The apostle continues in language most pointed as he applies the subject to the hearts and consciences of the people of God. Weigh well his words: "For if these things be in you, and abound, they make you that ye shall neither be barren (margin: idle) nor unfruitful in the knowledge of our Lord Jesus Christ. But he that lacketh these things is blind, and cannot see afar off, and hath forgotten that he was purged from his old sins. Wherefore the rather, brethren, give diligence to make your calling and election sure: for if ye do these things, ye shall never fall: for so an entrance shall be administered unto you abundantly into the everlasting kingdom of our Lord Jesus Christ."

In conclusion we notice the following points:

1. The conditions stated--"if ye do these things," if ye ascend the ladder, step by step, and overcome and gain the specified victories--then these things will be in you and abound.

2. In so doing there is safety--"ye shall never fall." Then let those who are trembling with fear that at some future time they will fall, cast aside such fears, and in confidence ascend the way to life.

3. Those who lack these things are blind and forgetful. They cannot see afar off and have forgotten that they were purged from their old sins.

4. Peter's view of election. He does not teach that all men are elected to salvation or destruction, and that their fate is unalterably fixed before they are born, and leave them in Satan's easy chair; but he exhorts his brethren to diligence to make their calling and election sure.

5. The reward. The apostle in his first epistle (chapter 1:2), says, "Grace unto you, and peace, be multiplied." He teaches sanctification by rule of addition, but holds forth spiritual blessings to be enjoyed in this life by the obedient by the rule of multiplication. But in this connection he presents before those who "do these things" their final reward. "An entrance shall be ministered unto you abundantly into the everlasting kingdom of our Lord and Saviour Jesus Christ." 2 Peter 1:11.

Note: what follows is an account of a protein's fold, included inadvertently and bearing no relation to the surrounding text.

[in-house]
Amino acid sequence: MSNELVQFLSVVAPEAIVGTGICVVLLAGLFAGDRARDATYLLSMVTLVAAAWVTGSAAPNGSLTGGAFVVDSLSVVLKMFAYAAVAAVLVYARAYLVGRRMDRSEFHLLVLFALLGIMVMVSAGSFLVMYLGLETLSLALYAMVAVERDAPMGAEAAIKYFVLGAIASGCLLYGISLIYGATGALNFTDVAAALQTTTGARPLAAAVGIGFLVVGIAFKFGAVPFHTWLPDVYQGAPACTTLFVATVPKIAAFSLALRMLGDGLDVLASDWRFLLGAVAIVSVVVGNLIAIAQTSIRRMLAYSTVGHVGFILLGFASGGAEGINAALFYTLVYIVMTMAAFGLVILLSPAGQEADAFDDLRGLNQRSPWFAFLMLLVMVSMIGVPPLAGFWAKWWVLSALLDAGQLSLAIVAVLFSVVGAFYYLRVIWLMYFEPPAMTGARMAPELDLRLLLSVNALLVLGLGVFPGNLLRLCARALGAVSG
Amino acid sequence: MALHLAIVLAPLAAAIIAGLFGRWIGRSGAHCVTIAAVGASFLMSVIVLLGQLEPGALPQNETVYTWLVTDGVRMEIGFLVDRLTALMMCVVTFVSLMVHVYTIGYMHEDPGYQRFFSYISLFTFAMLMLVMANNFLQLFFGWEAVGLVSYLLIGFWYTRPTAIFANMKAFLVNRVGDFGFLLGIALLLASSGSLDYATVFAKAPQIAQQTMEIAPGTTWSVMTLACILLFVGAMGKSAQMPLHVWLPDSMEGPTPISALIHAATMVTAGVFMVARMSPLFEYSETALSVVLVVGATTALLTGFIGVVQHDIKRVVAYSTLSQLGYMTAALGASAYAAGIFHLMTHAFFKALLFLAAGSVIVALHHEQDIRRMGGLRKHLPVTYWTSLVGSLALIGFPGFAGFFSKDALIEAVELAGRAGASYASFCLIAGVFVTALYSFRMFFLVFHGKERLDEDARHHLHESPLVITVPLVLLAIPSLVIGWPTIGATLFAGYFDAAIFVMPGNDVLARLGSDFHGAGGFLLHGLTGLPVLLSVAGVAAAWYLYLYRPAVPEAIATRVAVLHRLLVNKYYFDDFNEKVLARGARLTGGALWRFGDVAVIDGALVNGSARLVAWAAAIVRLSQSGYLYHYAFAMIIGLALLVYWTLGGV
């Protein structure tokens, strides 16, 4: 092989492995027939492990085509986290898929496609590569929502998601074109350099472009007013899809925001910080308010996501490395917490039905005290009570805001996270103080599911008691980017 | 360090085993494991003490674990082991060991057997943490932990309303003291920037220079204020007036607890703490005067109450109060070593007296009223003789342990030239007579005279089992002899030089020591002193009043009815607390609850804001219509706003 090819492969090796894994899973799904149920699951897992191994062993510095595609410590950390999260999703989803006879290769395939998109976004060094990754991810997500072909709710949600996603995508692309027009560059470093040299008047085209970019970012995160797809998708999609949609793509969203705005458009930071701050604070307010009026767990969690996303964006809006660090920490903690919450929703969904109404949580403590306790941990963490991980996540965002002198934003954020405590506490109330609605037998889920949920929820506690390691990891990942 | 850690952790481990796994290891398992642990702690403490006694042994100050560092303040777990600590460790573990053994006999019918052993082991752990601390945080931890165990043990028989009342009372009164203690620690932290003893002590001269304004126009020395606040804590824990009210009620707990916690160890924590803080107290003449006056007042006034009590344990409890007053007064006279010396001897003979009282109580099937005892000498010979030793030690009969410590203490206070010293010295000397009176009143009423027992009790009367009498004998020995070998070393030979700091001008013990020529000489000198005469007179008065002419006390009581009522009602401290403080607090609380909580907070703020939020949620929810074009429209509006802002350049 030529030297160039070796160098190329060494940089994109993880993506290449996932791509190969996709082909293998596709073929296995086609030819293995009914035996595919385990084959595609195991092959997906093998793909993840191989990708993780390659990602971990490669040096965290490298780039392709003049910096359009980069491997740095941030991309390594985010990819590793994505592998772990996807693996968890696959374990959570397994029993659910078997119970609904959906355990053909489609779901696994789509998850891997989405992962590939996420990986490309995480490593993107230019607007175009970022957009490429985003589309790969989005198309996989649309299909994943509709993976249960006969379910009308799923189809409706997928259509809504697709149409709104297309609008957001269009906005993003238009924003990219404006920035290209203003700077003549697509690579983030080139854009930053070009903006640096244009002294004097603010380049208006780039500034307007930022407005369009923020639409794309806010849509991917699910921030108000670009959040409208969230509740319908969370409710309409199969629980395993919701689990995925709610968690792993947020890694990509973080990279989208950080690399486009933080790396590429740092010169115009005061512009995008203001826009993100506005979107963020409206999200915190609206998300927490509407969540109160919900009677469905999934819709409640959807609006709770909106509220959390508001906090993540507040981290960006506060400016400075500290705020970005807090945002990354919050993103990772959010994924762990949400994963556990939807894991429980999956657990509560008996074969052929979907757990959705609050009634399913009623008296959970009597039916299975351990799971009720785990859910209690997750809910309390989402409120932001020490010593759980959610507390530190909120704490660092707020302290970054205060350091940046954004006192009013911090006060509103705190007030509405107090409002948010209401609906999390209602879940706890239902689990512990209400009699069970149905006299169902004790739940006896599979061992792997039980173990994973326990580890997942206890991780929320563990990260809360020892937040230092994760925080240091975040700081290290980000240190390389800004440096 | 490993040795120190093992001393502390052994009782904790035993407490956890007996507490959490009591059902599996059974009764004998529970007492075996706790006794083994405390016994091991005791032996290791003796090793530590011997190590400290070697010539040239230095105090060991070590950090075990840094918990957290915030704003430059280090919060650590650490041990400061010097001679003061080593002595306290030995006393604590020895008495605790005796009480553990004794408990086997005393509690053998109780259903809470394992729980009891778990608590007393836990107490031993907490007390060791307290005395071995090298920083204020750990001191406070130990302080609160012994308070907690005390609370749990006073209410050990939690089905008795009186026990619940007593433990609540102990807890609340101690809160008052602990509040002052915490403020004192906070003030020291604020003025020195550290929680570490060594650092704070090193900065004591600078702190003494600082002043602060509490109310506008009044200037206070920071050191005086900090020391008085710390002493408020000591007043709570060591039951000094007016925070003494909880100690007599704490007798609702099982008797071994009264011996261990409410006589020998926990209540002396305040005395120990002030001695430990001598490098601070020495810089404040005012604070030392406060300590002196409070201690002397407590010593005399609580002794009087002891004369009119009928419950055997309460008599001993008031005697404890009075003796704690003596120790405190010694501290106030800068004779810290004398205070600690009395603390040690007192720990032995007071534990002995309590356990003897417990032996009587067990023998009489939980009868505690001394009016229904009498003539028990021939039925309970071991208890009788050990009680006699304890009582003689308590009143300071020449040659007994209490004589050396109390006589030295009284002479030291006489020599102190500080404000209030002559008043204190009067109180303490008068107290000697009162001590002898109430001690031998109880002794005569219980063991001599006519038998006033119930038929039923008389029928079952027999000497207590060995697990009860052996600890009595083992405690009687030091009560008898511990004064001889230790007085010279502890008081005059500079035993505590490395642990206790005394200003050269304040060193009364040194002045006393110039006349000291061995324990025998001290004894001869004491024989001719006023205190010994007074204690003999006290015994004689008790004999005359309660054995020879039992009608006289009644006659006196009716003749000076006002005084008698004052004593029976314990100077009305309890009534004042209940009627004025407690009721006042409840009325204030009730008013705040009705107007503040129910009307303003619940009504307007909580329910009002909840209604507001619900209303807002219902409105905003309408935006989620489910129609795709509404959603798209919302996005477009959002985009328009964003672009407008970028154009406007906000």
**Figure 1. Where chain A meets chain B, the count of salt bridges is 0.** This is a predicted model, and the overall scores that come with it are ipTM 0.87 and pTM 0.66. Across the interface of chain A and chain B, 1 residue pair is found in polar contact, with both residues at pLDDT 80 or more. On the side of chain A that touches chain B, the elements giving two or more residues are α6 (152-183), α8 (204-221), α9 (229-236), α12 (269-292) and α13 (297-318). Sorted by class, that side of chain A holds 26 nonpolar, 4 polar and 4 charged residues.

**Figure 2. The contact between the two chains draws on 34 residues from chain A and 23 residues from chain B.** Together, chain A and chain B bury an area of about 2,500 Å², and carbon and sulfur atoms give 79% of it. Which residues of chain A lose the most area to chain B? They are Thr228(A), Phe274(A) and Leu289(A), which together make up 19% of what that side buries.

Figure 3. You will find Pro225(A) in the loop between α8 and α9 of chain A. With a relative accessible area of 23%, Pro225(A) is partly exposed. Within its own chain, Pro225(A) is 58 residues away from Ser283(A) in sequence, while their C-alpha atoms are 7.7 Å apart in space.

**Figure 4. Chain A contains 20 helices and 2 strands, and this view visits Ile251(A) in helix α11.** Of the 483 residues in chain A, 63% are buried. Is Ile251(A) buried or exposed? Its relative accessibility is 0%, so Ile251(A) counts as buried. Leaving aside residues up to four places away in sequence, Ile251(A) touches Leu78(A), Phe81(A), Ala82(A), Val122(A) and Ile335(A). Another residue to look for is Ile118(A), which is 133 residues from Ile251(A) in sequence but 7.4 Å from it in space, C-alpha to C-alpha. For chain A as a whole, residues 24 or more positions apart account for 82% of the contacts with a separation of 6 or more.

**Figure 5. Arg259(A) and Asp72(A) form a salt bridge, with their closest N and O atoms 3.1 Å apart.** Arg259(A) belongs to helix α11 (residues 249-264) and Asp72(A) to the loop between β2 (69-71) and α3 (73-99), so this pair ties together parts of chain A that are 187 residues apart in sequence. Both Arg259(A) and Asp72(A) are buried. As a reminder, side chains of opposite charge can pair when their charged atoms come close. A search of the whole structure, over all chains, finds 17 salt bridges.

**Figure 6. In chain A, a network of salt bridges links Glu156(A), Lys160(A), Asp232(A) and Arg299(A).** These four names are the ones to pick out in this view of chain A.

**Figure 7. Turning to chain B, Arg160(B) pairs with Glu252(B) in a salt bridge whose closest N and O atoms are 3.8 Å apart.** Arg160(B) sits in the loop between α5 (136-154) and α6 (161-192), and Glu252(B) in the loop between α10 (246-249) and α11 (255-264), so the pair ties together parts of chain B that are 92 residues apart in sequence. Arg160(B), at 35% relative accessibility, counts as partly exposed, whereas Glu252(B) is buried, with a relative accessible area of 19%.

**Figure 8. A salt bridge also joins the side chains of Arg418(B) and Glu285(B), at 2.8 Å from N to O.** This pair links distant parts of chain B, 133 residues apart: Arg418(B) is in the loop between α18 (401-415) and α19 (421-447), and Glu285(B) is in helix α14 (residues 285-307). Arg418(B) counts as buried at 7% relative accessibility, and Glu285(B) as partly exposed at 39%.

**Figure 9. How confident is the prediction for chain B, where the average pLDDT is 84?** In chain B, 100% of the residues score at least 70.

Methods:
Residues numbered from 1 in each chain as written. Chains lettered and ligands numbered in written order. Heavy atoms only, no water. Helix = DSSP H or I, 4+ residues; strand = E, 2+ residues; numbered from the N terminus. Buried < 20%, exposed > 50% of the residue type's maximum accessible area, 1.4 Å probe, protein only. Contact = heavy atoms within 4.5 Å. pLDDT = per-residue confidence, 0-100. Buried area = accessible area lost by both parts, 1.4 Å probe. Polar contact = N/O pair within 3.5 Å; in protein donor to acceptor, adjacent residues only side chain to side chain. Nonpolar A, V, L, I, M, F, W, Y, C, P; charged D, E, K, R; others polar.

The ministration of an abundant entrance into the city of God means something more than a mere permission to pass in. Those who have honored their lives by well-doing, and have ascended the ladder of Bible sanctification step by step, will be conducted in triumph into the metropolis of the kingdom of God. Jesus overcame, and as He ascended to the Father's throne, attending angels in triumph shouted, "Lift up your heads, O ye gates; and be ye lift up, ye everlasting doors; and the King of glory shall come in." And in response to the inquiry, "Who is this King of glory?" they again shouted, "The Lord, strong and mighty, the Lord mighty in battle." Psalm 24:7-8. And those who overcome and sit upon the throne of the Son, as He overcame and sat down upon the throne of the Father, will be escorted thither with triumph, while the voice of Jesus will be heard saying, Come, ye blessed of my Father, inherit the kingdom prepared for you. Welcome to the tree of life! and the crystal waters! Welcome to all the joys of the kingdom forever!